According to the Southern African Litigation Centre (SALC), the North Gauteng High Court ruled that South African authorities must investigate Zimbabwean officials, who are accused of involvement in torture and crimes against humanity in Zimbabwe.
“This judgment will send a shiver down the spines of Zimbabwean officials who believed that they would never be held to account for their crimes but now face investigation by the South African authorities,” said Nicole Fritz, Executive Director of SALC, which brought the case to court along with the Zimbabwean Exiles Forum (ZEF).
In his ruling, Judge Hans Fabricius, said the National Prosecuting Authority (NPA) and the South African Police Services (SAPS) had acted unconstitutionally and unlawfully in not taking forward the original investigation. His judgment also underlined in the strongest terms South Africa’s obligations under international law.
“This decision is not just about Zimbabwe, it also sets a much broader precedent by ruling that South African authorities have a duty to investigate international crimes wherever they take place,” said Fritz.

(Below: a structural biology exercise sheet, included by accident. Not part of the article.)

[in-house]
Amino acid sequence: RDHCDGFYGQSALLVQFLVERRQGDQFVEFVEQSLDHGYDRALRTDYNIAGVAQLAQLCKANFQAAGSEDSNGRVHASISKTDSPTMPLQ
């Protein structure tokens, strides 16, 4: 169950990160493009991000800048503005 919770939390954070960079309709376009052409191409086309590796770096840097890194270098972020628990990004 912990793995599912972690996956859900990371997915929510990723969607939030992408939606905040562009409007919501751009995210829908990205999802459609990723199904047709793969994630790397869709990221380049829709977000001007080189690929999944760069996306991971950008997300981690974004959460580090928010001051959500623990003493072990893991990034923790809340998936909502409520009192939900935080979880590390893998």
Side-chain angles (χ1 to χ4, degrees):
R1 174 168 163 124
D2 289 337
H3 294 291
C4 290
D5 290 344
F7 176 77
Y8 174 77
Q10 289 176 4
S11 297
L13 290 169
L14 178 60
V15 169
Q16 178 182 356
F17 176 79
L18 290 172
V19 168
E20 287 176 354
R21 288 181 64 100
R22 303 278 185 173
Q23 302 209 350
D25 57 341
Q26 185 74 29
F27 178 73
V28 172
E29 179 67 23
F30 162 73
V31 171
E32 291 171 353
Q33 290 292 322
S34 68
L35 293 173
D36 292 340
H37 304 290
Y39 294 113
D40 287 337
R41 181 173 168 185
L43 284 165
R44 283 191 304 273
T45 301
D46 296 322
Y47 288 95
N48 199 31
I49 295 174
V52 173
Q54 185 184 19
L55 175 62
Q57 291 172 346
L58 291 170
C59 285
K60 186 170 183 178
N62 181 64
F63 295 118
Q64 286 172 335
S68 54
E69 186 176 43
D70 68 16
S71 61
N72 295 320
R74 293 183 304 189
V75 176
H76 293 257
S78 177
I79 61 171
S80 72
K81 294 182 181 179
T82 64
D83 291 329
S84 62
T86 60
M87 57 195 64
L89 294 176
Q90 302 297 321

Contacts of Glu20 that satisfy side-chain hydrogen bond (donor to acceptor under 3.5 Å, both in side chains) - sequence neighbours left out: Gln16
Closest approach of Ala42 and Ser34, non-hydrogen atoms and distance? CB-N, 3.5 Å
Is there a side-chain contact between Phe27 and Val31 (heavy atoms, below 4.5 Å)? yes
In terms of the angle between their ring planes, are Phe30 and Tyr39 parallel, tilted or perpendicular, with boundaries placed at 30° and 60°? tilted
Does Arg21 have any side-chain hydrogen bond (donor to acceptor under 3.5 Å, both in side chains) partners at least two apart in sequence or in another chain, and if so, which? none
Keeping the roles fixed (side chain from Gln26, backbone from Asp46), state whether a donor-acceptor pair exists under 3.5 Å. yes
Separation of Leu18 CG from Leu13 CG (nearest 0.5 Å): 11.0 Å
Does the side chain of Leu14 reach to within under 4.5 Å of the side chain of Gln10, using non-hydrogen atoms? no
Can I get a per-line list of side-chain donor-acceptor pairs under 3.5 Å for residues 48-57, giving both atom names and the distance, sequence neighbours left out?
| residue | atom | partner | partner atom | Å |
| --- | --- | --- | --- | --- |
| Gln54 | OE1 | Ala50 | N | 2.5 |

“It is a major step forward for international criminal justice.”
In March 2012, SALC and ZEF argued in the High Court that the decision of the NPA and SAPS not to investigate Zimbabwean officials linked to acts of state-sanctioned torture should be set aside.
Brought in terms of South Africa’s International Criminal Court Act, which defines torture as a crime against humanity, the applicants’ argued that the NPA and SAPS had failed to take into account South Africa’s international and domestic law obligations to investigate and prosecute perpetrators of international crimes regardless of where they were committed or by whom.
The South Africa government has, in a related matter, refused to make public a report compiled by South African judges on the political violence which took place in Zimbabwe during the 2002 elections.